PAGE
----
Extra observations from Sunday's scrimmage, plus surplus notes, quotes and video:
The Trojans are lacking in depth at a number of positions across the field -- which makes the quarterback spot particularly interesting. Yes, as we detailed yesterday, the third-string spot will be filled by either a walk-on or a true freshman, but the top two players at the position are arguably among the top five or so in the nation. Backup Mitch Mustain, playing against mostly second-stringers, had a terrific scrimmage on Sunday, showing his worth and even out-performing Matt Barkley. But there is no semblance of a quarterback controversy in the land of Troy, not with Lane Kiffin dismissing that question Sunday and again calling Barkley his starter. One benefit from Mustain's success in the spring and fall: according to Kiffin, the coaching staff can use the same game plan for both signal-callers and will not have to develop a second plan for each game as a contingency plan.
Nickell Robey, 18, stands at just 5-foot-8 and 165 pounds but displays an alarming willingness to challenge players who have six or more inches and 50 or more pounds on him. The scrappy Florida product made four tackles during Sunday's scrimmage, including one bone-crunching hit on running back Marc Tyler that came behind the line. Robey has undoubtedly been the most impressive of the three freshmen corners -- Anthony Brown and Demetrius Wright are the others -- and could see playing time in nickel or dime situations if his solid performances continue. The 19-year-old Brown remains a likely redshirt candidate.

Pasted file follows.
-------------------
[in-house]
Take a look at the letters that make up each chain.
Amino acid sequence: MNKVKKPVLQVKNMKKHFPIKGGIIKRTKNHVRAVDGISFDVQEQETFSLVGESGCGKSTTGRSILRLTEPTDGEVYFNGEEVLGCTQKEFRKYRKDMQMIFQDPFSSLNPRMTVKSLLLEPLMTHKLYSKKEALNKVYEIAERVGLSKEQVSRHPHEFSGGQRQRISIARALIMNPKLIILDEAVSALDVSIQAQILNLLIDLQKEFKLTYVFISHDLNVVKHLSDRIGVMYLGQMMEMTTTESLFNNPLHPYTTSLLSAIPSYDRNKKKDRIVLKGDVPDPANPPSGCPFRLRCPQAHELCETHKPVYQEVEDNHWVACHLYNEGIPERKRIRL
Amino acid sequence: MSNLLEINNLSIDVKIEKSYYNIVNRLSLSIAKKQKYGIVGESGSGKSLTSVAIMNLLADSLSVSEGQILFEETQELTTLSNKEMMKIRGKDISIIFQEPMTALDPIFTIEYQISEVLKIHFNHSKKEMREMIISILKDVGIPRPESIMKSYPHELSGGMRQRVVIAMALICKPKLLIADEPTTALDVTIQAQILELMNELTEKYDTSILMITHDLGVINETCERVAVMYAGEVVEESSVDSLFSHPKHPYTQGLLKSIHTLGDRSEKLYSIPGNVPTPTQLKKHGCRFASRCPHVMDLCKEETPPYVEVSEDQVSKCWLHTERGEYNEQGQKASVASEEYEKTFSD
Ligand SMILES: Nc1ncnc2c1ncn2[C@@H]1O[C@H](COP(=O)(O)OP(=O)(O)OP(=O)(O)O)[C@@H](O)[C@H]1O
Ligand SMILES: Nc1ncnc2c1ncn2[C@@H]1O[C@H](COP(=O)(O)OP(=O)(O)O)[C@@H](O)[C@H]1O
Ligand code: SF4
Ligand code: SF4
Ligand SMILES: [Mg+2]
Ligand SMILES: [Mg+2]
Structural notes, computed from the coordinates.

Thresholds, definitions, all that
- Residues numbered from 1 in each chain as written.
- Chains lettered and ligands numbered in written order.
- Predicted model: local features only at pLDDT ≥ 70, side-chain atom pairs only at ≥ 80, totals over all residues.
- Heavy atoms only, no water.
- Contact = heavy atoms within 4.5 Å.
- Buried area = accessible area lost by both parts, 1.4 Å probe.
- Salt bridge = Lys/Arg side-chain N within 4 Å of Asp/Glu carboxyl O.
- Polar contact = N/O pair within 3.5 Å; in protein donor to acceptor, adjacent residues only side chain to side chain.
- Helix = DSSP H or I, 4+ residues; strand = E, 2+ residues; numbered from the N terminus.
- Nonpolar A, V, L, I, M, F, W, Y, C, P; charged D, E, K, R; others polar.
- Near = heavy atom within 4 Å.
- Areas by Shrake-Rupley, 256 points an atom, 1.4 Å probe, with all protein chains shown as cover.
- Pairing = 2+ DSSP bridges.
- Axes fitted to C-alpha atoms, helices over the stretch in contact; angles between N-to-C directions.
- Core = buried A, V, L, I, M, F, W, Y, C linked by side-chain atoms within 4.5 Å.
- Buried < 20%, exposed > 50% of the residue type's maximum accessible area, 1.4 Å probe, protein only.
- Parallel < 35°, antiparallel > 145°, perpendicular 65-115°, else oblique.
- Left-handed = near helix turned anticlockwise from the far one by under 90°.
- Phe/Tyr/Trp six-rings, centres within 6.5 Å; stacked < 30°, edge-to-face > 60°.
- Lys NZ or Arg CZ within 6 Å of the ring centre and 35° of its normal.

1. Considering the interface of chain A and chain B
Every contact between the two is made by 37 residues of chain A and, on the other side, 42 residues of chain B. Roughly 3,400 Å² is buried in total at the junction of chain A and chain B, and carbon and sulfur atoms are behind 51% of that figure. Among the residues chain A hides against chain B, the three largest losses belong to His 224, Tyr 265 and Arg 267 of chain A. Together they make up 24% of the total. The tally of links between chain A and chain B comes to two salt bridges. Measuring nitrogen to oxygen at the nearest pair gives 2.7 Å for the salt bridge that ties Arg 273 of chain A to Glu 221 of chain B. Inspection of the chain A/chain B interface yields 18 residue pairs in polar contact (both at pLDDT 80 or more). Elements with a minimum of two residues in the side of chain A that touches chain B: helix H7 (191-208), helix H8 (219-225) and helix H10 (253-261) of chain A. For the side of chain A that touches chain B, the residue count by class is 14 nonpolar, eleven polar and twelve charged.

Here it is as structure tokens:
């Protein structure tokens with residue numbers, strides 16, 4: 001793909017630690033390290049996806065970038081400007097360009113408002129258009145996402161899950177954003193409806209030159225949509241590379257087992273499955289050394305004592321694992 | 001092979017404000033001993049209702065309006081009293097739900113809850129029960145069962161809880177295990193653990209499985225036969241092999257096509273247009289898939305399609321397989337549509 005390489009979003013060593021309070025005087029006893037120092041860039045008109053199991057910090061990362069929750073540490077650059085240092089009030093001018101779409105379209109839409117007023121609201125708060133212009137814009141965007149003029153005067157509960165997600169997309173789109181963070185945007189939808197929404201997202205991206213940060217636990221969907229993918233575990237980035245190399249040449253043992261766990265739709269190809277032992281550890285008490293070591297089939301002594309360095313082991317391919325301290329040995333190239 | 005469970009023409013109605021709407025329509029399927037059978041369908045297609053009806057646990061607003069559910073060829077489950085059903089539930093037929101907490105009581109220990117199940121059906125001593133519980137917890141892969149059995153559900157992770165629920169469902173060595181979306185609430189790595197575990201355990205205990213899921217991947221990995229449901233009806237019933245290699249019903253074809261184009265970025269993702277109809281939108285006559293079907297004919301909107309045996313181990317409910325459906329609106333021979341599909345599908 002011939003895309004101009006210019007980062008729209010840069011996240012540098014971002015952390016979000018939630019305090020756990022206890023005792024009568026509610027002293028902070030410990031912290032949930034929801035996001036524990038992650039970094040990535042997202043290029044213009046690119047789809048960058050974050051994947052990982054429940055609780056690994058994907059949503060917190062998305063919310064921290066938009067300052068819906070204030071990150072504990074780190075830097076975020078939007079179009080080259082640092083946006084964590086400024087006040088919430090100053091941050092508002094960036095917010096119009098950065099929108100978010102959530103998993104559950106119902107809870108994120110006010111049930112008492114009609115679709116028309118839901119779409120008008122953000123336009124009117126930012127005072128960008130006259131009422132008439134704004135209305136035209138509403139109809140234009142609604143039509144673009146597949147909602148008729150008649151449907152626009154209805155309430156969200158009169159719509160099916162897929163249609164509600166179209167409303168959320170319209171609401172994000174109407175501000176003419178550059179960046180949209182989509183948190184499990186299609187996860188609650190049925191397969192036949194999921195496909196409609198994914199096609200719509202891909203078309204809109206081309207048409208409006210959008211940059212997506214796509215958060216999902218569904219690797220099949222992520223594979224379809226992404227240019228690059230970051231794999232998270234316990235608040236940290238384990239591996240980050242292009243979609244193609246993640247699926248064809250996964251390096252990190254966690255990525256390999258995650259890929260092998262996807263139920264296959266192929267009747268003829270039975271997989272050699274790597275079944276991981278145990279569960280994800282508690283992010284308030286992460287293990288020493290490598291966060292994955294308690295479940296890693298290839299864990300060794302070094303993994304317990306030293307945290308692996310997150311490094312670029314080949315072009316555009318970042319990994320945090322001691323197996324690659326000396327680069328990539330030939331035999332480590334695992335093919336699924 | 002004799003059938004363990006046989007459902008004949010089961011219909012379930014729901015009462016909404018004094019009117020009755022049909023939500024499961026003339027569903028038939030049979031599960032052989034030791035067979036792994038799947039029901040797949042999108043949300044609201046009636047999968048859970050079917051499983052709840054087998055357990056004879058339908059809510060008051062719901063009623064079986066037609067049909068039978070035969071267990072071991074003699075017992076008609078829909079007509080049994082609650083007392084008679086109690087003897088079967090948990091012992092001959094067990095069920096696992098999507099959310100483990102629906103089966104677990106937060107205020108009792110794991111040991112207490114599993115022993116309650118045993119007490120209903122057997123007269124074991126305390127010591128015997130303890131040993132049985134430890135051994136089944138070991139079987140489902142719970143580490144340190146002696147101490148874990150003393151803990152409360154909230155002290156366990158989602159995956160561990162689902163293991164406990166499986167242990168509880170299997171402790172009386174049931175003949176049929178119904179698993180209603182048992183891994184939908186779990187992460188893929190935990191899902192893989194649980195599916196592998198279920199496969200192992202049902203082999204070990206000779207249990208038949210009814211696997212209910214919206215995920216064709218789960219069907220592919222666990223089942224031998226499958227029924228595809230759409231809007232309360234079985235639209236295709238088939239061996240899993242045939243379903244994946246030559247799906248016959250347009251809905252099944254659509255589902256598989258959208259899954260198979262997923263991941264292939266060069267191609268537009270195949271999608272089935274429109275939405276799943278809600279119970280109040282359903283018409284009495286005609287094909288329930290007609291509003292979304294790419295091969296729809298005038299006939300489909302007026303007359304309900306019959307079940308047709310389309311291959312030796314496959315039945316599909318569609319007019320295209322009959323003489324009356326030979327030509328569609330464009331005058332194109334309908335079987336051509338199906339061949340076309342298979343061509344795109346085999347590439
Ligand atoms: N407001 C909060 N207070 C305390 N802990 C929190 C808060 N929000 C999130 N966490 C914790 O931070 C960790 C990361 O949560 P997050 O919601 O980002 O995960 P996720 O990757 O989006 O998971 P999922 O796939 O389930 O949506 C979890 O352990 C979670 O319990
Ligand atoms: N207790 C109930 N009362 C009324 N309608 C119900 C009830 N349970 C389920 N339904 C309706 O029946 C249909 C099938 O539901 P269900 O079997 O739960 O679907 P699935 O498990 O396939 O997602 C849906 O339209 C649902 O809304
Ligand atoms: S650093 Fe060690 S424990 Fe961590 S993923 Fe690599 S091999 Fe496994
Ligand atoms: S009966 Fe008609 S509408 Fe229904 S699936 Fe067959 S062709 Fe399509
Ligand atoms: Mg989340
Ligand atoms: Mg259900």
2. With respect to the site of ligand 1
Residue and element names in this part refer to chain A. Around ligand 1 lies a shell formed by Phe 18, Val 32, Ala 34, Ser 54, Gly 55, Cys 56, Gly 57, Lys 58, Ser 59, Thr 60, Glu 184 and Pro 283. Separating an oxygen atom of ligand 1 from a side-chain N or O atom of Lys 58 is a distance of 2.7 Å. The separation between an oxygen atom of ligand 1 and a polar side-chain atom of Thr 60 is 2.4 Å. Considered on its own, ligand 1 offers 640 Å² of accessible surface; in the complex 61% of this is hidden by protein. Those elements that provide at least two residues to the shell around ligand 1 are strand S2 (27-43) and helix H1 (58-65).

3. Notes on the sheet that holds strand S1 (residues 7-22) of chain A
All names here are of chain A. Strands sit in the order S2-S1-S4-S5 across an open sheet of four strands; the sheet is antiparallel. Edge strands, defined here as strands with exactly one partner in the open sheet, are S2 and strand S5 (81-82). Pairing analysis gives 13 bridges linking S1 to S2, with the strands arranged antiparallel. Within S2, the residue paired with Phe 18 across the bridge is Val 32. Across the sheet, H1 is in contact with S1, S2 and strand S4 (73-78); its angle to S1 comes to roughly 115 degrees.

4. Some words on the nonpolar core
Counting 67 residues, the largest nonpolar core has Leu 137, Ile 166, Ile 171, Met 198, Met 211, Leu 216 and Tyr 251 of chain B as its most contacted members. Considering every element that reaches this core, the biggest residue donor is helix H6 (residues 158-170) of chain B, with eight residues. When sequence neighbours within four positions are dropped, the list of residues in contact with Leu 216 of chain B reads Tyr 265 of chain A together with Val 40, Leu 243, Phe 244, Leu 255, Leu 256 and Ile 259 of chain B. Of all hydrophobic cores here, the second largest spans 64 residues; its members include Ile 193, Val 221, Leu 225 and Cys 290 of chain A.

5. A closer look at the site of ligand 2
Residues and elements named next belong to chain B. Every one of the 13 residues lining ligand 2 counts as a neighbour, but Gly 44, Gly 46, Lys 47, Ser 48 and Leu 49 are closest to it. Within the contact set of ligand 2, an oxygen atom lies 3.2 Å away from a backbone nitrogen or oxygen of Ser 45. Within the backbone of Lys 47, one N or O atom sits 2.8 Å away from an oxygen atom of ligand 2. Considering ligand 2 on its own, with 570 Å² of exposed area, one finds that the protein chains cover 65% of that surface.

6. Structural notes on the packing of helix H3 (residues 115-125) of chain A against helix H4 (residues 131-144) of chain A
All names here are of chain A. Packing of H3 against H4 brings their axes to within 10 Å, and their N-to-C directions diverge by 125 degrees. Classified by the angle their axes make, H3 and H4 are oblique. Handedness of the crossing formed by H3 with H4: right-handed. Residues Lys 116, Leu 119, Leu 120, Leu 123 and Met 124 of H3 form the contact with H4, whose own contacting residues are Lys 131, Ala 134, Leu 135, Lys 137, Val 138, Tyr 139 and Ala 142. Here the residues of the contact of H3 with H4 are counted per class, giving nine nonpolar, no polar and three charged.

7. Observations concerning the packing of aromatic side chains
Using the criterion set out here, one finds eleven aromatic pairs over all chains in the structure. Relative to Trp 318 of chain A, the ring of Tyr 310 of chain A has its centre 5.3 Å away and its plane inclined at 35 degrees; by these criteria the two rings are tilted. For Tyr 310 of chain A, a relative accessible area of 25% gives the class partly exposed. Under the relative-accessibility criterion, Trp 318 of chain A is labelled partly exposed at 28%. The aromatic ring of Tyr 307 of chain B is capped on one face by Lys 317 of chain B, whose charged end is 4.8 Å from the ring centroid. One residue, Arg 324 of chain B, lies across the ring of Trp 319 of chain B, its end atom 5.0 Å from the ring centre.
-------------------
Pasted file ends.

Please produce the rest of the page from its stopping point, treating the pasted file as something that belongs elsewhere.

Players are starting to get used to the long hours of fall camp. The schedules so far have been very demanding, with players up by 6:30 a.m. and in nearly non-stop football activities until bed checks at 10:30 p.m. Those 16-hour days leave very little time for anything else, although the schedule will be a lot less arduous when classes start Aug. 23.
Tight end Jordan Cameron was just about the unquestioned star of the scrimmage, with eight receptions for 96 yards -- including a 39-yard gainer. Sunday was probably Cameron's best scrimmage to date, including the spring, and it marked a striking rise to importance for Cameron. An impressive athlete, the 22-year-old went to BYU out of high school to play basketball but could not break into the rotation as a first-year freshman. From there, he transferred to Ventura J.C. for the 2007 season, during which he caught 22 passes as a tight end (!) and earned all-conference honorable mention. He came to USC for the 2008 season and playing sparingly as a receiver, spent the winter months on the basketball team while appearing in three games but not scoring a point and again played marginal time at receiver in 2009. More on Cameron's journey below.
Cameron has made a lot of changes over the past four months.
In April, I asked him what he did well as a tight end. "I don't know what I do good," he said at the time. "I'm just learning the position right now. I would say I'm a pretty good route runner, being a converted receiver, so I think I can run the routes they need me to run." And blocking-wise, how could he improve? "Just working on the technique during the summertime -- obviously gaining weight and getting physical -- but technique and footwork and hand placement are all key to blocking."
Here's some of what Cameron had to say Sunday. Notice the difference in his confidence level?
It's not only Cameron and his coach who have increased confidence in the tight end's game. It's his quarterback, too. Sophomore Matt Barkley talked after Sunday's practice about the development of several of the skill-position players on offense, including Cameron: